British Triathlon CEO Andy Salmon has explained exactly why the Federation decided not to bid for a WTCS event in 2024 after it was announced earlier this week that Leeds won’t return to the schedule next year.
Great Britain has been a key part of the WTCS calendar, with Leeds having been a huge success story in recent years – driven by the Brownlee brothers and now a hub for many leading elite triathletes.
Sunderland steps in for the first time this weekend but 2024 will be the only year since the London Olympics in 2012 that there won’t be a British city acting as host.
In a wide-ranging interview with TRI247, Salmon outlined the reasons and revealed the figures behind the decision, also giving us his take on the wider implications for the sport – and the hope that they will be back on the schedule sooner rather than later.
The real costs involved
Setting out the process, he told me: “The way it works is we, as a National Federation, bid to World Triathlon for the right to host an event, and then it’s for us to then partner with a city partner. So we’re in Sunderland this coming weekend.
“The plan was to go back to Leeds next year. So clearly we talked with Leeds a great deal about the decision and we also talked with UK Sport, who are also our other key funding partner. The decision sits with BTF, but we didn’t take it in isolation, we took it talking to our partners.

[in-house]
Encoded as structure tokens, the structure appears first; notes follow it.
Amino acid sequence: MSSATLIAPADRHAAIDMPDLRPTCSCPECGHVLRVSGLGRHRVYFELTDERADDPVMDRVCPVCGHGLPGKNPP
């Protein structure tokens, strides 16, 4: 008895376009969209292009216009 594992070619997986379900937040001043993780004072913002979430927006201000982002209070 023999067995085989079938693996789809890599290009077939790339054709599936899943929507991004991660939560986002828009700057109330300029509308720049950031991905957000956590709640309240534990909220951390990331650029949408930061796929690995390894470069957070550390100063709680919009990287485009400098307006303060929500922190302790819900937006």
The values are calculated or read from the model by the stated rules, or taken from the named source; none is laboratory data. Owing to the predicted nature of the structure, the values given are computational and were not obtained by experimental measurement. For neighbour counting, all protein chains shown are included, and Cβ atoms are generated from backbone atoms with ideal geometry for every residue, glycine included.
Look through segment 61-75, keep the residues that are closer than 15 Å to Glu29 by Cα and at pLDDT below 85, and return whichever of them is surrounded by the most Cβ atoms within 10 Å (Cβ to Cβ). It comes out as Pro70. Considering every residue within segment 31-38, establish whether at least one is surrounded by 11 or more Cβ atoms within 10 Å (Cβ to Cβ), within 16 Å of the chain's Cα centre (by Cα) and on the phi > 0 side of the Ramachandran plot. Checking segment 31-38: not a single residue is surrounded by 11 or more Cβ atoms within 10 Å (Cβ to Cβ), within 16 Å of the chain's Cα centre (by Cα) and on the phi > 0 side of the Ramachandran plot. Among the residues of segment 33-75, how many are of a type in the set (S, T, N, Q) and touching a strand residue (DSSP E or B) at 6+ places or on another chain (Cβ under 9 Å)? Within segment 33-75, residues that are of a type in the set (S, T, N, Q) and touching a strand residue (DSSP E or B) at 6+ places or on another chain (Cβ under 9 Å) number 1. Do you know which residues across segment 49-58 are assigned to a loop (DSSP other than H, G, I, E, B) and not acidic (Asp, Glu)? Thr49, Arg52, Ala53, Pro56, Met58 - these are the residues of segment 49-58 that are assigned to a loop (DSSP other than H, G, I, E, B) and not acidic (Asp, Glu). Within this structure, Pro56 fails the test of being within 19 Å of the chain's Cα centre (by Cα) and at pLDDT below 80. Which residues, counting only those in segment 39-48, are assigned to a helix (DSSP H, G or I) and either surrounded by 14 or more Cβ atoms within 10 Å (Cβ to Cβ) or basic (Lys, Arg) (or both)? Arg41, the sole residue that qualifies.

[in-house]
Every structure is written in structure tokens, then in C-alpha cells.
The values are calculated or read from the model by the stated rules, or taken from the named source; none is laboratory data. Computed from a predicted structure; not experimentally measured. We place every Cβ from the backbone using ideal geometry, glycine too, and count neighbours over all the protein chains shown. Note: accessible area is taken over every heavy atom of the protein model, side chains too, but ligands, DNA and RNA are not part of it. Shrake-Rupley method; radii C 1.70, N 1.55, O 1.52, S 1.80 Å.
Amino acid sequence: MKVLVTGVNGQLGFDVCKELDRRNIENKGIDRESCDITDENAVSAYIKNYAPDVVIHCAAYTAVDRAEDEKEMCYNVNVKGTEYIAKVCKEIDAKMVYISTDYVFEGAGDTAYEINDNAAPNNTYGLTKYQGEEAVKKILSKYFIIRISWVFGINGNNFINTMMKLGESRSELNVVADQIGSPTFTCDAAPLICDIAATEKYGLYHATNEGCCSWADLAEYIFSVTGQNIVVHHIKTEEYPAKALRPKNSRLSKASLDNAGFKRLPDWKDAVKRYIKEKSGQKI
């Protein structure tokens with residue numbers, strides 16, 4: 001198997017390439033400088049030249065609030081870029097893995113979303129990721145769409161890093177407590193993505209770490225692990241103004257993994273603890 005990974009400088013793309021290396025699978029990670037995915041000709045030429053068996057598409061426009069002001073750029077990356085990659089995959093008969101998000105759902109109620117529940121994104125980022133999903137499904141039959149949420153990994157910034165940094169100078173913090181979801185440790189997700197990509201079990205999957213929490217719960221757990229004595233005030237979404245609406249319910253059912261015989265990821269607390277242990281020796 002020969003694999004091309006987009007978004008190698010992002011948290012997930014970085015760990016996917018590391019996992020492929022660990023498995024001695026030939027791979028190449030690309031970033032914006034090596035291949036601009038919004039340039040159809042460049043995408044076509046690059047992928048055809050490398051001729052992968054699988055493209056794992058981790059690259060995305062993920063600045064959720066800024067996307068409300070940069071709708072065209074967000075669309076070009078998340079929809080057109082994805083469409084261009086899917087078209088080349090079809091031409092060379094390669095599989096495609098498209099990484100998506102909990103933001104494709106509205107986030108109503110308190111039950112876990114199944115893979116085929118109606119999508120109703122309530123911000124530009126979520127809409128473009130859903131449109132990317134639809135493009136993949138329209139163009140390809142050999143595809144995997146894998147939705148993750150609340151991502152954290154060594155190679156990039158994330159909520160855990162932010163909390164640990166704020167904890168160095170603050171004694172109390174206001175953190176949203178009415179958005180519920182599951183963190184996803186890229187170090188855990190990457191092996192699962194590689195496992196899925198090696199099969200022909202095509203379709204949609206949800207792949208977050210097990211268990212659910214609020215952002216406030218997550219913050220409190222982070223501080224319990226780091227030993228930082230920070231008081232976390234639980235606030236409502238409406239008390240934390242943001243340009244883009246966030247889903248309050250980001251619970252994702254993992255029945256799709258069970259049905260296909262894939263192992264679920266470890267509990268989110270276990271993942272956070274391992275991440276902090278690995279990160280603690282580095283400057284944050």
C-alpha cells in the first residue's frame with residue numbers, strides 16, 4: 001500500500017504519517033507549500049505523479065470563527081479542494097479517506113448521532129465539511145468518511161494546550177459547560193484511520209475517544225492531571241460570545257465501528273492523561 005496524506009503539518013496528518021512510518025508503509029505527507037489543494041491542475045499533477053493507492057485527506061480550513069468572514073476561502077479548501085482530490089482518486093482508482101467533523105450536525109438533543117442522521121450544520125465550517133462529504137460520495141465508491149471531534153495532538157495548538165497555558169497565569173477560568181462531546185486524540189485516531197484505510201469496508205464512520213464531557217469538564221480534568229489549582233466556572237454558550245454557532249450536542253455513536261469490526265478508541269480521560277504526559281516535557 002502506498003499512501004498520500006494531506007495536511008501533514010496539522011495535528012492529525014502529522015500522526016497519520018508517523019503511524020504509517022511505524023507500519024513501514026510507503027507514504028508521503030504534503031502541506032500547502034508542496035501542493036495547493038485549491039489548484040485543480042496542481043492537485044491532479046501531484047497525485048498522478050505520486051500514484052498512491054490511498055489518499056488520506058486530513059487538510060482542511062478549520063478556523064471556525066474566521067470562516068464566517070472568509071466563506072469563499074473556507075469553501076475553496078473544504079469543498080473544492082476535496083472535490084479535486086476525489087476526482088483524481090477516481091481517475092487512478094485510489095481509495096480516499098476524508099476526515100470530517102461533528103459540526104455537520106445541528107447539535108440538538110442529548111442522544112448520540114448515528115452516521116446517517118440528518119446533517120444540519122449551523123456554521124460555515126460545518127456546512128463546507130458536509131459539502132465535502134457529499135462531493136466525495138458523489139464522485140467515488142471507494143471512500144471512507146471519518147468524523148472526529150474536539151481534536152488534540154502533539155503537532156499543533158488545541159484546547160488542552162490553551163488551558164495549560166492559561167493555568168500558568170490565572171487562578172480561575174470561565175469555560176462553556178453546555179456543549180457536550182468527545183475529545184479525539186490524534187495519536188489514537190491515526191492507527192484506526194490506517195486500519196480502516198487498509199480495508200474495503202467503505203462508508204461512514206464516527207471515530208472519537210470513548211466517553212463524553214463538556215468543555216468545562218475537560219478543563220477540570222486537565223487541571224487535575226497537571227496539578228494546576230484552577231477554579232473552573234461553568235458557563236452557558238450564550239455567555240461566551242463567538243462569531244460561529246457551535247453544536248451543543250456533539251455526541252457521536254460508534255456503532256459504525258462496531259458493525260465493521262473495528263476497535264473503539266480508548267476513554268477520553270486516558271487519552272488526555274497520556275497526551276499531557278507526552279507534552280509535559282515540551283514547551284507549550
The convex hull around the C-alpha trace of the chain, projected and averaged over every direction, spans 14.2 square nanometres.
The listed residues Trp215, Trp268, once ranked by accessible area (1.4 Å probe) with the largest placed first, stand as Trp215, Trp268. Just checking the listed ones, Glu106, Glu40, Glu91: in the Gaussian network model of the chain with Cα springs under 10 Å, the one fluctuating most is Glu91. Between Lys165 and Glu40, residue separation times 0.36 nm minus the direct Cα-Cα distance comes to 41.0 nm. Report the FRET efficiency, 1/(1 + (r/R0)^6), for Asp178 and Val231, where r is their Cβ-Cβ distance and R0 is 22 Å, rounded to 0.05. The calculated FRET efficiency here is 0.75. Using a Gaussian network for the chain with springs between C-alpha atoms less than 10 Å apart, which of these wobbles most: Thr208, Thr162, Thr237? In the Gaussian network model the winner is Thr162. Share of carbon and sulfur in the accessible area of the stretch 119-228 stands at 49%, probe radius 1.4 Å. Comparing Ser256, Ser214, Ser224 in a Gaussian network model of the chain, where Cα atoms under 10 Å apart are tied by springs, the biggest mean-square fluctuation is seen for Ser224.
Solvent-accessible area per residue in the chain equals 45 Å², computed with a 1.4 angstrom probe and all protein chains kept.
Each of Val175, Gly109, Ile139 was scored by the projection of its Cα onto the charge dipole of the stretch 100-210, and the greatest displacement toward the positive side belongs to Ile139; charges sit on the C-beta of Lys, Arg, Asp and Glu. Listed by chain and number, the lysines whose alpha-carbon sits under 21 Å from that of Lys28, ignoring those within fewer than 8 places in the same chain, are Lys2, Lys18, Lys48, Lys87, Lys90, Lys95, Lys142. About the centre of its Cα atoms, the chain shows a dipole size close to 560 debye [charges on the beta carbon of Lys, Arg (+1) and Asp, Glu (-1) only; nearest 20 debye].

“But it’s our responsibility and we’ll take it on the chin, so to speak. We’ll take full responsibility for the decision.”
In some quarters, estimates of £500,000 had been cited as the costs involved. But in the current economic climate, Salmon revealed it’s way, way more than that.
He explained: “Like any budget, it’s about income and expenditure, and the event budget was squeezed from both sides.
“So the cost first of all – our budget – and I don’t know if people realise just what’s involved in staging one of these events but there are clearly costs that we pay to World Triathlon for the right to host the event. There’s prize money, there’s sanctioned fees and so on but the [overall] budget in round numbers is £1.5million. That was the expenditure budget we were working with.”
Balancing the books
That’s one side of the equation, and of the other he added: “So clearly we’ve got to generate one and a half million pounds of income to balance the budget.
The event for us is never about creating a surplus. I think perhaps there is a bit of a myth that the event creates this sort of big profit. It doesn’t, it’s just not what it’s about.